There are many ways to resolve major disputes, and it does not always have to through court. Some cases can be resolved faster and cheaper by means of alternative dispute resolution.
What is alternative dispute resolution?
Alternative dispute resolution is the process in which disputes are resolved without litigation in court. It is commonly used for divorce cases, as well as landlord-tenant issues, personal injury claims, and labor disputes.
Alternative dispute resolution is done in an informal setting by a neutral mediator whose goal is to help both parties come to an agreeable solution. The mediator is vital in the process, but unlike a judge does not have any legal authority to decide the case. The advantage is that in contrary to a a situation in court, the parties in alternative dispute resolution keep control over the resolution.
What is the difference between mediation and arbitration?
Mediation and arbitration are both types of alternative dispute resolution. One difference between mediation and arbitration is that the final decision of the arbitrator is legally-binding. The decision of the arbitrator can be challenged and overruled by a court judge, this is however not common. Those entering arbitration are usually required to follow the ruling of the arbitrator.
Mediation is more informal and takes much interaction between the participants. The mediator helps each side communicate clearly to each other. Instead of providing a ruling, the mediator helps the parties to create a solution among themselves.
When do you use alternative dispute resolution?
In several cases alternative dispute resolution could have your preference over going to court. If your case needs a case resolution, without having to go through a full legal process, then alternative dispute resolution could be an easier and more affordable solution.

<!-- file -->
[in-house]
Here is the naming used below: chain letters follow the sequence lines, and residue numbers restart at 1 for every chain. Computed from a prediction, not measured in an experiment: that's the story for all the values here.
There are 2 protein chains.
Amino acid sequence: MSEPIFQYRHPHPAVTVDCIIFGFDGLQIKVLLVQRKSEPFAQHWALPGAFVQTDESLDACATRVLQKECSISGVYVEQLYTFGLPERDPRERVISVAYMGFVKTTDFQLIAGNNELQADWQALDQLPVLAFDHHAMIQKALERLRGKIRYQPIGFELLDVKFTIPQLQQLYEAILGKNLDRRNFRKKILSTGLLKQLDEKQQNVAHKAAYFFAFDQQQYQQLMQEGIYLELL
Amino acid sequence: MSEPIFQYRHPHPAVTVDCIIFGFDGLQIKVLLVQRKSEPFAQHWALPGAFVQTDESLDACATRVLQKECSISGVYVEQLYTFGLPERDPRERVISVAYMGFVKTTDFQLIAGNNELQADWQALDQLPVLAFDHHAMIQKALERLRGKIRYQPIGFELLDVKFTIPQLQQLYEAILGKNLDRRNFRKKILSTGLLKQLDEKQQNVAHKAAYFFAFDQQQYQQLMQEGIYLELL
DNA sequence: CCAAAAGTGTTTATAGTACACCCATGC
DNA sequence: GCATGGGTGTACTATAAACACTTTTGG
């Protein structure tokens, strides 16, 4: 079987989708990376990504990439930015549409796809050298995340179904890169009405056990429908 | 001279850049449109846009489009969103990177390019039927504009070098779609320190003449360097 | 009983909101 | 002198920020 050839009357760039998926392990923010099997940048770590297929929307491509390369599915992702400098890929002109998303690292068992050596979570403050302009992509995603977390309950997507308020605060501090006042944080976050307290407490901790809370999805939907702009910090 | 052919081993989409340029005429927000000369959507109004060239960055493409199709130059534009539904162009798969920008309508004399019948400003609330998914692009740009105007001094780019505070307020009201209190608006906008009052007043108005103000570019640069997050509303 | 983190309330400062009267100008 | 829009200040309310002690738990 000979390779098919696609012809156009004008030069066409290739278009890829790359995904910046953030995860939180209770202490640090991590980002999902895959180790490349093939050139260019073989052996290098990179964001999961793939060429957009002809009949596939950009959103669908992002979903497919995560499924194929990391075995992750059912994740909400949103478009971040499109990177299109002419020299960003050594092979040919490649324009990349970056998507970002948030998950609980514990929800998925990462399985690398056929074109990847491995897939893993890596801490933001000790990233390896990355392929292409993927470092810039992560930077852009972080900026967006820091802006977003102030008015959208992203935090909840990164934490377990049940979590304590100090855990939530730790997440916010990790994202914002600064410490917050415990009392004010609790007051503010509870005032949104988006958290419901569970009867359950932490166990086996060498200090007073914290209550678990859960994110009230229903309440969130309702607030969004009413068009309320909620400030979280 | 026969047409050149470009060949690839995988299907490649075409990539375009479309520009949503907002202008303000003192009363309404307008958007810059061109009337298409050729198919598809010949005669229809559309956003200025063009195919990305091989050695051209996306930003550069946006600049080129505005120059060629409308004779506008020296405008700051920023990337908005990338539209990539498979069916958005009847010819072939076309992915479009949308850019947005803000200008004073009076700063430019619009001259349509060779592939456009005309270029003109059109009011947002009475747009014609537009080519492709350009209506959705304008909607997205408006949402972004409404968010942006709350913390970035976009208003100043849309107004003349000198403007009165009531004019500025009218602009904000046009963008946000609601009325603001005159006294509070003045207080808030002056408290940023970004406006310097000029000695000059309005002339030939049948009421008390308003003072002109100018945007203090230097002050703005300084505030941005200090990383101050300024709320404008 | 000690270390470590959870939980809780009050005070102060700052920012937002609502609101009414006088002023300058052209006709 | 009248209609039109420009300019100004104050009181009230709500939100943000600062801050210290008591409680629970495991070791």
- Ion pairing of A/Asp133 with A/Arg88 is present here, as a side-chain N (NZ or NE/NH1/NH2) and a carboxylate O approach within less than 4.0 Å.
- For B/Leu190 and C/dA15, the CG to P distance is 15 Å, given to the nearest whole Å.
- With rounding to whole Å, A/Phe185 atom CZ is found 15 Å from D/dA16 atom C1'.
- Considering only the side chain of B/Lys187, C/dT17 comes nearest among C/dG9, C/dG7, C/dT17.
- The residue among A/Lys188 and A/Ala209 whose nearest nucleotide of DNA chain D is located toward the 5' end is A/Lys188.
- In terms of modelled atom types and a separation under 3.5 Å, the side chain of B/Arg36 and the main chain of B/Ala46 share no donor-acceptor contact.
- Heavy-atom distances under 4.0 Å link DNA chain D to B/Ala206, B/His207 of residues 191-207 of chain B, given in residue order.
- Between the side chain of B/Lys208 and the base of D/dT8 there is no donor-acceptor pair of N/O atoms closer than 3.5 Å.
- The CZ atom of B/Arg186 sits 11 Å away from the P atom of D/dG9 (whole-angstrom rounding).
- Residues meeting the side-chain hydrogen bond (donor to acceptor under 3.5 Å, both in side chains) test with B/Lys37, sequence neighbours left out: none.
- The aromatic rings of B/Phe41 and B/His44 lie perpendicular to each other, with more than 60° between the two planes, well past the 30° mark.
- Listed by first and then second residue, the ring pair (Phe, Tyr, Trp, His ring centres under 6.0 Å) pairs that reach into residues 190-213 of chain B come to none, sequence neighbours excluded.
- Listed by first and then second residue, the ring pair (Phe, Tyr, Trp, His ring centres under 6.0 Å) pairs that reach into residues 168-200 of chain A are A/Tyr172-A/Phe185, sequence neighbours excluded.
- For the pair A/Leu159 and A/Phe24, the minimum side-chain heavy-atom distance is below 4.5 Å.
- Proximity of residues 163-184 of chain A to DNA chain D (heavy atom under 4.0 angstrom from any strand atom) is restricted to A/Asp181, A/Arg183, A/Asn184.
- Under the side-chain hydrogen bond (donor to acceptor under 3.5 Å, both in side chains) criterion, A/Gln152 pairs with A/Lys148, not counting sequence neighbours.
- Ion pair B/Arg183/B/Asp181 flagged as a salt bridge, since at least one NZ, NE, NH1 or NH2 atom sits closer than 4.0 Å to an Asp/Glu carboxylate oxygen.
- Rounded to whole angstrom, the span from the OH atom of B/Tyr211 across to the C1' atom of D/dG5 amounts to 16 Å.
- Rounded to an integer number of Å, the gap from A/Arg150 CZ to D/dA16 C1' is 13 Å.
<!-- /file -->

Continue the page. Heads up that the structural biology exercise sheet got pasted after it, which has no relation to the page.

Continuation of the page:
Alternative dispute resolution is commonly used for neutral evaluation, arbitration, settlement conferences, and mediation. However before you decide upon alternative dispute resolution, you should have a look at both the pros and cons:
Advantages of alternative dispute resolution
The advantages of alternative dispute resolution include:
- More flexibility and control than when bringing the case to court.
- Strive for a mutually beneficial resolution, unlike in court where one side may have an advantage over the order. In court cases, a party may have a distinct advantage over the other. This could be important in cases where both parties continue a relationship after the case, such as divorcing parents, tenant and landlord, or employer and employee.
- Control over the schedule of sessions, which unlike in court gives the ability to plan sessions at times convenient for both parties.
Down sides of alternative dispute resolution
The disadvantages of alternative dispute resolution include:
- Arbitrators do not have legal authority of a judge. The arbitrator cannot order a party to do or not do something; there is no injunctions
- The decision of the arbitrator is not final in alternative dispute resolution. A court judge can overturn the decision the arbitrator.
Alternative dispute resolution is can make the resolution of your case faster, cheaper and easier. To determine if this applied to your case, find an alternative dispute resolution lawyer of legal consultant to consult with first.